Letters to the Editor: Of course L.A.’s authoritarian anti-camping law isn’t working

A woman removes her belongings from a homeless encampment as an officer watches.
A woman removes her belongings from a homeless encampment on Hollywood Boulevard on April 5 during a cleanup by the L.A. Sanitation Bureau.
(Irfan Khan / Los Angeles Times)

To the editor: Of course the city of Los Angeles’ anti-camping ordinance has been unevenly enforced. It is improperly understood, and why not? The law has all the wording and impact of a draconian edict from a far less-open, less-democratic society than that in which we supposedly live.

Homeless people are given no realistic choices other than to “move on” and have their belongings seized. When homeless, does one lose citizenship? Are they not recognized as taxpayers? (Which they are, as they buy things, and many have some kind of income but do not earn enough to afford a room somewhere.)

The city could easily repurpose portions of Griffith Park and set up a tent city with water, security and sanitation. If the law prevents authorities from taking mentally ill people for observation and treatment, then change the law — fast. Dream movements for permanent housing for the current population are so far off target as to be utopian fantasies.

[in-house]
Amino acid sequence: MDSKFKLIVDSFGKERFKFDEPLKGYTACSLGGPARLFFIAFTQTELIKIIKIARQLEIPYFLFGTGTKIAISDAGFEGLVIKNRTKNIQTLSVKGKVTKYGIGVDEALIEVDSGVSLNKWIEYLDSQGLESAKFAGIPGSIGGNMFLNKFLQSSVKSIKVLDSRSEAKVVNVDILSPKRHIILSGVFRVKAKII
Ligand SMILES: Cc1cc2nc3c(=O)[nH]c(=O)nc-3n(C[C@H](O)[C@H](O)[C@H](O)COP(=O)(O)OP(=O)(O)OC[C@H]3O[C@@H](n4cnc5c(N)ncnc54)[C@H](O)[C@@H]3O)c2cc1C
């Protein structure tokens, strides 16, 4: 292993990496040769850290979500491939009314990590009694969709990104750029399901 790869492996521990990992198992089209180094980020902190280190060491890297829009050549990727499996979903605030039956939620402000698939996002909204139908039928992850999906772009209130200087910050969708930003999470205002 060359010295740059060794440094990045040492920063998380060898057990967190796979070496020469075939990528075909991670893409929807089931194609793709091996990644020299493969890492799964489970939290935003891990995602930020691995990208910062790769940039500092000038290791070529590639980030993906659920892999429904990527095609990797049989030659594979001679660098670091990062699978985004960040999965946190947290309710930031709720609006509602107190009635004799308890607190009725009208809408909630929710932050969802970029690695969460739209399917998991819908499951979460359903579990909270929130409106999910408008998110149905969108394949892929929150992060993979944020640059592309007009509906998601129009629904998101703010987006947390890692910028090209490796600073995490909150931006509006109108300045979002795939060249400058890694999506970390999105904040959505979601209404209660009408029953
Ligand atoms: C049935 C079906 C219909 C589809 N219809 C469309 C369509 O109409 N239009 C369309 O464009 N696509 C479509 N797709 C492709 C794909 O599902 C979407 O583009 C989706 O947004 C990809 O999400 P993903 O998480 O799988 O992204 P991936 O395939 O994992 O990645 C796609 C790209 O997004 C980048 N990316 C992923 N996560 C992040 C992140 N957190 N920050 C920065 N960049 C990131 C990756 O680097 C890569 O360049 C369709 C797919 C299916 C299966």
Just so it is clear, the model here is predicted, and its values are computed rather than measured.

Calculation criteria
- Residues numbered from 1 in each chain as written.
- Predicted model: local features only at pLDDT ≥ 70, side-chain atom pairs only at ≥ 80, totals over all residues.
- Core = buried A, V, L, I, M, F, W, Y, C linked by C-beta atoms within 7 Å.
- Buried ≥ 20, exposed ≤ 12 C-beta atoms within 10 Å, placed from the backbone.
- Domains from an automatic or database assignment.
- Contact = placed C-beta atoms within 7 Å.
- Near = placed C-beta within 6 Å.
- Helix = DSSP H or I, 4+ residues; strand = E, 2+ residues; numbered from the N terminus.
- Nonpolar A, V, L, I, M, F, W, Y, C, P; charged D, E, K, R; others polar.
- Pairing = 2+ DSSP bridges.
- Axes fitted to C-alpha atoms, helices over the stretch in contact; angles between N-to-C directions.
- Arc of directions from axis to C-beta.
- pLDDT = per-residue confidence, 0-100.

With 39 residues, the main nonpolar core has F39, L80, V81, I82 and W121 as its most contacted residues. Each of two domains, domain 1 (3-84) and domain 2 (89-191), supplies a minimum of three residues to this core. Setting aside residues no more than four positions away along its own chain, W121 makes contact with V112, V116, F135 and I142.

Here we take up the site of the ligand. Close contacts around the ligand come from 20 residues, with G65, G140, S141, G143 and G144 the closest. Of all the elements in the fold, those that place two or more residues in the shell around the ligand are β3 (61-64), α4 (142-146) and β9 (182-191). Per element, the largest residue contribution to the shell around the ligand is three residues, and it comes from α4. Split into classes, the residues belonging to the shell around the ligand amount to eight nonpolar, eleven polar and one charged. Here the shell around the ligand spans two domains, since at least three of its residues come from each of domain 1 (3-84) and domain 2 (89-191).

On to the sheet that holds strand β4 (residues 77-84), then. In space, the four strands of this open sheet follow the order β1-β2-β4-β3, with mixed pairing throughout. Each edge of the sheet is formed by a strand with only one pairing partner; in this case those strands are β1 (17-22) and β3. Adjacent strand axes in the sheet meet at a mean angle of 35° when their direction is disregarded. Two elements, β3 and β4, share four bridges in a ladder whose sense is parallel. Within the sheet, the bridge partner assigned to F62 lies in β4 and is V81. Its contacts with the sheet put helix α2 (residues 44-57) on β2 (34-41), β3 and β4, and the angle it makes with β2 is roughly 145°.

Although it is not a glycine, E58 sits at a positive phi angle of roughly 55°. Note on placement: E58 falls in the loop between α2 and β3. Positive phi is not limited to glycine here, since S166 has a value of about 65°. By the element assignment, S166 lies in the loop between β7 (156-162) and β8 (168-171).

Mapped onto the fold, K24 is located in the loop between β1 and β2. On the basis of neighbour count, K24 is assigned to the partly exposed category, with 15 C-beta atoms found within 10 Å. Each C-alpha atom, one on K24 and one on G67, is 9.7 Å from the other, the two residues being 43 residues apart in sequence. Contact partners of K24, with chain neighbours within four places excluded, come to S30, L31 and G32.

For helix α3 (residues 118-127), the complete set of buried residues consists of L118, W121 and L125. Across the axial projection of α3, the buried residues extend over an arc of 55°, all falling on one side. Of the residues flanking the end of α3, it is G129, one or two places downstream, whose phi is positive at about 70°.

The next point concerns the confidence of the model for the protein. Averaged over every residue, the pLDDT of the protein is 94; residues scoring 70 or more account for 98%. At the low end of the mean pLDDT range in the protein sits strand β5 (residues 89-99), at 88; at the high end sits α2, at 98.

Our elected officials are not doing their job. Shameful.

Carleton Cronin, West Hollywood


To the editor: I find it quite disconcerting to see a photo of a homeless man dragging his blanket appear in the same paper as a story about Warren Buffet on a $51-billion spending spree. How is it that the richest country in the world cannot solve homelessness while billionaires acquire more wealth without any accountability to humanity?

I am from Sri Lanka, a so-called developing country, where we did not have encampments or homelessness on this scale. Perhaps the Buddhist philosophy of empathy and caring for your fellow man comes first. However, this compassion is not confined to Buddhism.

We need to think differently and attack this issue with compassion and urgency and hold our leaders accountable to get the job done.

Varini deSilva, Huntington Beach


To the editor: No one really wants to be living on a sidewalk in a tent. How can the state of California, with a projected $68-billion budget surplus, not move faster on this issue?


Everyone knows that China built a hospital in 10 days.

Mandy Knutson, Costa Mesa